MVD at fault for Real ID confusion

Here’s a guess that the folks who run the New Mexico Motor Vehicle Division are not Black Friday shoppers. They are the folks who scramble on Christmas Eve to find the gifts they need.

That procrastination on the part of MVD is the reason far too many New Mexicans are going into the holidays scrambling to comply with the new Real-ID license and ID law.

Real ID was passed by Congress in 2005 after 18 of 19 terrorists used state-issued driver’s licenses to board planes and then crash them into the World Trade Center towers, the Pentagon and, thwarted by heroic passengers, a field in Pennsylvania on Sept. 11, 2001.

After numerous delays, the federal law took effect this year, and the New Mexico Legislature passed, and the governor signed, legislation to put the state into compliance by requiring certain documents for new or renewed licenses and IDs.

N.M. Taxation and Revenue Secretary Demesia Padilla, who oversees MVD, says her agency had radio spots and sent out news releases in English and Spanish in July and August about the changes, which kicked in last week.

That message “got drowned out by politics,” she says.

And now MVD, like the gas-station holiday shopper, is drowning in criticism. Because just as not everyone likes gas-station gifts, not everyone listens to the radio at the precise time the Tax & Rev secretary calls in.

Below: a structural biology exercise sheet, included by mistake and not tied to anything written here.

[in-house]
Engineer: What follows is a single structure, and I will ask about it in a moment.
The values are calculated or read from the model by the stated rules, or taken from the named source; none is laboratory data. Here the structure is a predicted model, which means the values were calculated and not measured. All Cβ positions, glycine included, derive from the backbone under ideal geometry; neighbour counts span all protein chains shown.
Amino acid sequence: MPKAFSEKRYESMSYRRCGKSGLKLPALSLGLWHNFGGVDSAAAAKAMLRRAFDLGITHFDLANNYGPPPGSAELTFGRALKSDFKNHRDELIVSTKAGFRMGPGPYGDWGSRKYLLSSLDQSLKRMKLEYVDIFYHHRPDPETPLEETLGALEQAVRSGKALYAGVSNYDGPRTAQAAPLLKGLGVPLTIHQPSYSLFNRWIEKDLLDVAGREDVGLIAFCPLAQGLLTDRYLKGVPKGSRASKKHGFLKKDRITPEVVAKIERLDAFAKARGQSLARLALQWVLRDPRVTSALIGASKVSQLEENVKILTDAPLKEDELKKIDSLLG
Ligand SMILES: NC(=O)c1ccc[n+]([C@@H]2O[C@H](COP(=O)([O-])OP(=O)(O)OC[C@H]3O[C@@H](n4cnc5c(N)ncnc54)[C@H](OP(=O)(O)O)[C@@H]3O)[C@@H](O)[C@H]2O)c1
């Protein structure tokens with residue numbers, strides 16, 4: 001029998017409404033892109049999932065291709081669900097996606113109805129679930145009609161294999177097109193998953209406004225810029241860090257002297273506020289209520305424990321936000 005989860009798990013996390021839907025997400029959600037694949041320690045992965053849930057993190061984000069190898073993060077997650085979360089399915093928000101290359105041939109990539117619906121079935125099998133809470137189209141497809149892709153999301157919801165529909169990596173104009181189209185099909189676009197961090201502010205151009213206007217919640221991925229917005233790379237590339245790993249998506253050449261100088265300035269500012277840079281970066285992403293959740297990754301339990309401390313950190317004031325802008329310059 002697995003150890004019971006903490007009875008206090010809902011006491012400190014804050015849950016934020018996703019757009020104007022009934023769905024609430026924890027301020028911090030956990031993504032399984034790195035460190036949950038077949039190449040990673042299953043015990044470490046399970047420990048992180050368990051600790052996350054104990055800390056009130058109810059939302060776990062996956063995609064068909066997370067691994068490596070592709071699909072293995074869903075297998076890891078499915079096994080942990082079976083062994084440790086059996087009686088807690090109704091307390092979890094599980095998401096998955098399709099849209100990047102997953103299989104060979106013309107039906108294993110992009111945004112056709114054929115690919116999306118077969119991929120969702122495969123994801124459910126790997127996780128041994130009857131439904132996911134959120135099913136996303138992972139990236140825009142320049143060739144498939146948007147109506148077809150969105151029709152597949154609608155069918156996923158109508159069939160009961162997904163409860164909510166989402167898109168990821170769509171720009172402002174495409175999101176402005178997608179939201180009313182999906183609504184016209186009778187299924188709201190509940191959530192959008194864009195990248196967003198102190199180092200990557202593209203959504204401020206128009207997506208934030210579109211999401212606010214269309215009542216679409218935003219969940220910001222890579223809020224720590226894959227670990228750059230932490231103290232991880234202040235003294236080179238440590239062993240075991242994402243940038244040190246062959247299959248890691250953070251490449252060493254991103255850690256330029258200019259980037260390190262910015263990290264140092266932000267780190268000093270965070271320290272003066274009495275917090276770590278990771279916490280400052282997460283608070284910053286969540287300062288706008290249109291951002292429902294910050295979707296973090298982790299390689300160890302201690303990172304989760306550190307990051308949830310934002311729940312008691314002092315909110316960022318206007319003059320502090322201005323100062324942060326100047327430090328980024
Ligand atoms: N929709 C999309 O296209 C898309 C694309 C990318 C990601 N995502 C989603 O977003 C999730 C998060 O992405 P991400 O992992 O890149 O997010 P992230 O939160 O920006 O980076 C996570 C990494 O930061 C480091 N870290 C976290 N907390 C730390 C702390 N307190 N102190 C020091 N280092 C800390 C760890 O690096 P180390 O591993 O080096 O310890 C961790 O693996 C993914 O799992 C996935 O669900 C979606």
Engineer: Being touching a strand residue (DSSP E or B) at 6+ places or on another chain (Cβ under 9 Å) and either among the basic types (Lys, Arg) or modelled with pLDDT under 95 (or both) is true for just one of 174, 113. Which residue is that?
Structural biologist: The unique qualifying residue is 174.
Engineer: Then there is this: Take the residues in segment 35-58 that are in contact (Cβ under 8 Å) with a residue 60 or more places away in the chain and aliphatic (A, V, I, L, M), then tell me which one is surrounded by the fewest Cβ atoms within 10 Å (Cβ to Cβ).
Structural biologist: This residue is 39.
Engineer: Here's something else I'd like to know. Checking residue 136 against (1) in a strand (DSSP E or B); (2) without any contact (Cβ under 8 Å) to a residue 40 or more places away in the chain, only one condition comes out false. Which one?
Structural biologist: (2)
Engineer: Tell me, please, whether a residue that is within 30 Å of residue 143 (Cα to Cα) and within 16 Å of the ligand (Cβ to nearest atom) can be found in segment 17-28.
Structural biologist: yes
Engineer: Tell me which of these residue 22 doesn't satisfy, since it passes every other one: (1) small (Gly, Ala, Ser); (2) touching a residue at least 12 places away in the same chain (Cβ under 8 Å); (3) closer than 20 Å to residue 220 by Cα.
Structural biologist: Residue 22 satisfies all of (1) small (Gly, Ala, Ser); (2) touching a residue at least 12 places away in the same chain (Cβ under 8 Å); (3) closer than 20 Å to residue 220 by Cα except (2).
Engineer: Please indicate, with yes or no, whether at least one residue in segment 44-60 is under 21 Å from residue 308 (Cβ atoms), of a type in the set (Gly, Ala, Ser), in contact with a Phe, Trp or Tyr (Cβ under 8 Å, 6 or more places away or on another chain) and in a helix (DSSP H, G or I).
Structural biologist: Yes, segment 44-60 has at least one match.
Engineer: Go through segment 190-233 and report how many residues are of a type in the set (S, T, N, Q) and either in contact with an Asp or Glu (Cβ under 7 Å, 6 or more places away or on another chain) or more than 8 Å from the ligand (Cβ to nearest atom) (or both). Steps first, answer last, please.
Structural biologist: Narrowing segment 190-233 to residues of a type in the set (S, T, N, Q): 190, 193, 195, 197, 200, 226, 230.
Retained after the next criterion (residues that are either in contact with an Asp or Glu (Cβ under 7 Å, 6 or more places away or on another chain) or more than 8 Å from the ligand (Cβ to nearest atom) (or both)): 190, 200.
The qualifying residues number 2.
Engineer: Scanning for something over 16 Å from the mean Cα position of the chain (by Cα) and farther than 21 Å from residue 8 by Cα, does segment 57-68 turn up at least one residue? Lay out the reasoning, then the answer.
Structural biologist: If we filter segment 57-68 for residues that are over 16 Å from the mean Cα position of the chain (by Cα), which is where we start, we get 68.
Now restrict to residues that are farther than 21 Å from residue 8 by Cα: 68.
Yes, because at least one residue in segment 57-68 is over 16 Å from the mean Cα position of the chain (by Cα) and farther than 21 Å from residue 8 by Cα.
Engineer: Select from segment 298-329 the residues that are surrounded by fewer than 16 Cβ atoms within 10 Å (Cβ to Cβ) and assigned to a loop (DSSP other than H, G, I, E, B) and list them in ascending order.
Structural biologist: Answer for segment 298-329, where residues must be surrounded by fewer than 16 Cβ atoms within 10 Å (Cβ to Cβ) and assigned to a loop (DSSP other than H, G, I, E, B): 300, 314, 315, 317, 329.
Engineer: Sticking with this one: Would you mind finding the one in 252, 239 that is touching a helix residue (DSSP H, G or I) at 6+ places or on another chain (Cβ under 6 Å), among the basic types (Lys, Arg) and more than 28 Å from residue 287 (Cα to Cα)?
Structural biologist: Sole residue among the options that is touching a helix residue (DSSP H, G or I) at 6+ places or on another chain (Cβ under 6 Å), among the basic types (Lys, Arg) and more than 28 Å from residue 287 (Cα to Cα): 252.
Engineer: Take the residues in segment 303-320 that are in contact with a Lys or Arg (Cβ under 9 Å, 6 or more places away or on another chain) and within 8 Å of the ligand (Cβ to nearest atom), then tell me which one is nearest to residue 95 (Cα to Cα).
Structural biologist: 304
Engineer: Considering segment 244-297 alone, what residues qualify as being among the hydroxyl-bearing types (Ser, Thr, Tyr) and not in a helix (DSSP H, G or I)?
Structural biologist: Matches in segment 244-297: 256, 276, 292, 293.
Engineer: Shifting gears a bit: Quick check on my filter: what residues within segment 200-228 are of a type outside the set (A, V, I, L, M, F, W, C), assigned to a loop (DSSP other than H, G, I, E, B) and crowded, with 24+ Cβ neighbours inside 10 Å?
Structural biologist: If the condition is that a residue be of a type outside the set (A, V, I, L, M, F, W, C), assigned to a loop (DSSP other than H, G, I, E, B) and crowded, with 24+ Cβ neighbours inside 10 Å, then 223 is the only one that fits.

People read newspapers. They watch television. They use social media. They drive past billboards. And all of these folks would have benefited from the simple message that when they go in to get a new license or renew their current one, things have changed and they need to bring their Social Security card, birth certificate, and two bank/utility statements that show their residential address.

There are some other acceptable documents, but those are the most common types accepted under the new system.

Padilla clearly thought the Real ID changes were significant and complex. She required all MVD staff, managers and partners to attend at least two days of in-class training, and she handed out revised manuals and accepted document lists.

Those lists, which MVD finally linked to from its homepage on Nov. 16 — after it had started issuing licenses — cover the four types of IDs the department now issues and the three categories of ID required to get them.

It’s all important information, and compliance is required by state and federal law.

Getting at least the basics of the new requirements out to the public as soon as possible after Gov. Susana Martinez signed the enabling legislation in March could have, would have, should have prevented much of the confusion and avoided multiple trips to the MVD New Mexicans are now experiencing.

— Albuquerque Journal